Acting impulsively in two potentially damaging areas, not including self-harm or suicide attempts (e.g., drug abuse, unsafe sex, dangerous driving, reckless spending).
The key thing here is impulsivity. Your character doesn’t plan to do these potentially dangerous things. It’s a spur of the moment decision that could take them—and your readers—by surprise. It’s often undeniable too, as though they can’t stop themselves.
Your character might binge eat, spend money compulsively, shoplift, drink excessively, drive recklessly, use drugs, or engage in other equally damaging activities on impulse. Each has its own consequences, some more serious than others, which can cause problems aplenty in your story.
Having intense and unstable relationships that swing between idealisation (i.e., believing the person and relationship are perfect and loving them deeply) and devaluation (i.e., believing they are awful and hating them).
Fear of abandonment and a feeling of emptiness could make your BPD character very clingy. When your character loves someone, they see them as perfect, flawless, incapable of doing wrong.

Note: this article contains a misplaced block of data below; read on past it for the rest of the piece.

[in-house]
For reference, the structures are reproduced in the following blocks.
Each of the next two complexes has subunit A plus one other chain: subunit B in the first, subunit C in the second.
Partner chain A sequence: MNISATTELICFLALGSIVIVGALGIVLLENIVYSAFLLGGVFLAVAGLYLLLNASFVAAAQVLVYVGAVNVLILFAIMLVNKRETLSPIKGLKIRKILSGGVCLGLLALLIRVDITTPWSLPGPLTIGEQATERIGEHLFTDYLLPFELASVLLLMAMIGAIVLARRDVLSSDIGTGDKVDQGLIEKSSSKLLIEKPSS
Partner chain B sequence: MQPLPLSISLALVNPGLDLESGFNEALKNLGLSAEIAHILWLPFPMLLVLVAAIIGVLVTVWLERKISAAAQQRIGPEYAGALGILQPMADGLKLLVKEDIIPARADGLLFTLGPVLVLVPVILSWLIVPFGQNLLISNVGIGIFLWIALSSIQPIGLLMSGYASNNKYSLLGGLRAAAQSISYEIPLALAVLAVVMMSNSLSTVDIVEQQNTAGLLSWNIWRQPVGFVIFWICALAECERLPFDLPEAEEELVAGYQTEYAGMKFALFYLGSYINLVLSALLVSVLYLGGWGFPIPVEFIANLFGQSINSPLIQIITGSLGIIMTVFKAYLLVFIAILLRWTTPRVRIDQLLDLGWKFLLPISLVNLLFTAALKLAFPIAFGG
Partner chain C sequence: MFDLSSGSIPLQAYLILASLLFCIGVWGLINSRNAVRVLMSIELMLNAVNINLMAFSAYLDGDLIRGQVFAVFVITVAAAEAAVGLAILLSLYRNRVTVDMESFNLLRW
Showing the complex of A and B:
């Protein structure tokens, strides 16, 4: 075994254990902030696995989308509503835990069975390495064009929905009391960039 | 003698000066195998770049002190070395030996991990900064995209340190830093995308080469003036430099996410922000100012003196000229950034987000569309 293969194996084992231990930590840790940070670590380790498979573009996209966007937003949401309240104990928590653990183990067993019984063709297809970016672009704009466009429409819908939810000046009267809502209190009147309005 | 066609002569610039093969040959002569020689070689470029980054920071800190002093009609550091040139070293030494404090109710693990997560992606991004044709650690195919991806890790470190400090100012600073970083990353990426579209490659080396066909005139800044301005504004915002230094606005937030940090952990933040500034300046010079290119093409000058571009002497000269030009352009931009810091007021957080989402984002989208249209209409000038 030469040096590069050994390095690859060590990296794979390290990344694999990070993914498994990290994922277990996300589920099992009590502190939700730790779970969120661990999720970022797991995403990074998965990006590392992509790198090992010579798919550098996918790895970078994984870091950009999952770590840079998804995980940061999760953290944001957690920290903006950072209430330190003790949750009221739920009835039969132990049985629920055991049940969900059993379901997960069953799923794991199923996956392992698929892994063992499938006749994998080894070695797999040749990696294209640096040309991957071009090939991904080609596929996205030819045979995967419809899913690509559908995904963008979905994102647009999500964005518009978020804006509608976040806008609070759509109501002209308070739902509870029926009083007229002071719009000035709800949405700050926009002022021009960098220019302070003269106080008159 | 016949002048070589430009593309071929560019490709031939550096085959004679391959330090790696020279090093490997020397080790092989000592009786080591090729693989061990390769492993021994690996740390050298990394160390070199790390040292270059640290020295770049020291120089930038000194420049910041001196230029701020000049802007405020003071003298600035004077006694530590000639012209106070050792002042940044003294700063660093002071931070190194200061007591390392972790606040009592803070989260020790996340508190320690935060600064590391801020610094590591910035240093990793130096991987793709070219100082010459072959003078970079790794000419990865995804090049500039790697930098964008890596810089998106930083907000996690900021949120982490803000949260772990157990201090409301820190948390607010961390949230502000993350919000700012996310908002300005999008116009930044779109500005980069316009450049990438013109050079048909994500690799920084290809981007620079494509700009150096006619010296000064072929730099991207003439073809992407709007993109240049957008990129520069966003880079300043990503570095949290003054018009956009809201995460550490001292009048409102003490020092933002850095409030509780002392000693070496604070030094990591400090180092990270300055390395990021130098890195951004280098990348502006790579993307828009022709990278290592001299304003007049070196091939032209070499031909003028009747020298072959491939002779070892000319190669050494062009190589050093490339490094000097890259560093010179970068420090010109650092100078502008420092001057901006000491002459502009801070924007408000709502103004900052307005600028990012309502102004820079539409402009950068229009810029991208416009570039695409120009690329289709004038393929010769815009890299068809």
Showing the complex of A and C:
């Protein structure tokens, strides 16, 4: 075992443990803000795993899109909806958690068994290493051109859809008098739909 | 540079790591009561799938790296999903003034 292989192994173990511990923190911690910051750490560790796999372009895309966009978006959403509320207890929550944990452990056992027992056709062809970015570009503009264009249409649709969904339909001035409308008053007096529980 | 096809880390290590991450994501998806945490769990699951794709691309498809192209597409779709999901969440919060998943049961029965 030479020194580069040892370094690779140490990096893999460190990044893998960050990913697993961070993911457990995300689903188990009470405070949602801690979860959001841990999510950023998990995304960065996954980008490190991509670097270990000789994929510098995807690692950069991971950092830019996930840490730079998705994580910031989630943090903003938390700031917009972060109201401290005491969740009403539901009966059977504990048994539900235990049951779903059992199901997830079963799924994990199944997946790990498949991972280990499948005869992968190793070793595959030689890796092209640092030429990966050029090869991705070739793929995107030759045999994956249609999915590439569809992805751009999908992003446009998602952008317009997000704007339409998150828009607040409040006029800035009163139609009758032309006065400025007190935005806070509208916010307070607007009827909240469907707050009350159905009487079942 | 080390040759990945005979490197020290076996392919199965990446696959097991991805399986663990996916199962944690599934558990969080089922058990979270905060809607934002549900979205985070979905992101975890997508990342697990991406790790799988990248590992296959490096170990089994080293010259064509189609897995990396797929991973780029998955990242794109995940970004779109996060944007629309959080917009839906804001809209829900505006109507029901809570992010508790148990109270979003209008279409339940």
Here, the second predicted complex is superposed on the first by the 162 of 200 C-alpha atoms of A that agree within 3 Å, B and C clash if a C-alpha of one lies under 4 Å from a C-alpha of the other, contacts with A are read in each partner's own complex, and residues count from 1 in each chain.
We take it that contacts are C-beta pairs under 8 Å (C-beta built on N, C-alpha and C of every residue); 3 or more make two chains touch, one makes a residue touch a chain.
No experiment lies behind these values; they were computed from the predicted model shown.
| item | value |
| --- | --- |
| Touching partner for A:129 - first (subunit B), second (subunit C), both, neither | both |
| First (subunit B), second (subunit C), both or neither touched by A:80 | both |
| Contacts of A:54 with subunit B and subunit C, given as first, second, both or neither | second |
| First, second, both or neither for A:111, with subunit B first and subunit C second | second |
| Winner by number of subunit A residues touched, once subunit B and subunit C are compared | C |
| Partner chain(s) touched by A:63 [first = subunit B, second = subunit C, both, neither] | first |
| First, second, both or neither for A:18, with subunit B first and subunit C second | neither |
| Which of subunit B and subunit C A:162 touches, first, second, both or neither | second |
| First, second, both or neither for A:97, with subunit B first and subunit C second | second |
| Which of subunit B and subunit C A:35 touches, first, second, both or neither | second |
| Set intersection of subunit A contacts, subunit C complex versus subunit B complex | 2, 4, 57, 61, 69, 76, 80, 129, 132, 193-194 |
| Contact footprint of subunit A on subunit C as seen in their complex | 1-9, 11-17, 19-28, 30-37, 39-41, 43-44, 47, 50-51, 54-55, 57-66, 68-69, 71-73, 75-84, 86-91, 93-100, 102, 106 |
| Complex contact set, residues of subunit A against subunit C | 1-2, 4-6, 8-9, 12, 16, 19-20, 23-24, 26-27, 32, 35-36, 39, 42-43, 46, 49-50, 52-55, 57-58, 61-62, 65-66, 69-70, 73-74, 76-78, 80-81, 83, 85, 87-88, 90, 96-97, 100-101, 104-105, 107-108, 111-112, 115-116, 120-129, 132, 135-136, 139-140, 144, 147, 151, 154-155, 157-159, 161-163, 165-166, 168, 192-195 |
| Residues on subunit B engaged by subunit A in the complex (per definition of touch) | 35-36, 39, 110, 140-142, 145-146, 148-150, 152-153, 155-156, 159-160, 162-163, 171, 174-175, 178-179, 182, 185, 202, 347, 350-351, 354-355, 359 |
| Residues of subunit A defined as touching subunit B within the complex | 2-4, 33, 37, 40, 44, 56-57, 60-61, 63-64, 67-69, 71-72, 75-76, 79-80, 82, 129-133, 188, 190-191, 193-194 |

That intense love can turn to hatred in an instant, though, if something happens to change your character’s mind. It could be something as small as a character attempting to go home after visiting, as in the film Gia, resulting in an explosion of anger or despair.
Feeling intensely afraid of abandonment and making frantic efforts to prevent this, not including self-harm or suicide attempts (e.g., constantly calling or texting someone, clinging to someone and refusing to release them).
This fear of abandonment could lead to your character going to drastic lengths to keep someone in their life. What kind of strain would it put on their relationships if your character tried to be with someone constantly? Would they find it suffocating and attempt to leave, and what escalations in your BPD character’s behaviour might this cause?
Having an unstable self-image and no strong sense of self.
Your character may have no clear idea of who they are—their personality, their beliefs, their identity—leaving them feeling hollow. To compensate, they might imitate and adopt the traits of others. How might your other characters react if your BPD character took on their likes and dislikes, their beliefs and goals? What kind of problems could this cause?
Feeling empty, worthless or lonely over long periods of time.
If your character had an invalidating childhood—in other words, their emotions were dismissed, ignored or responded to inappropriately and inconsistently—their sense of worth may have plummeted. This feeling of emptiness and loneliness is deep-seated, like a piece of themselves is missing, and can leave them feeling vulnerable.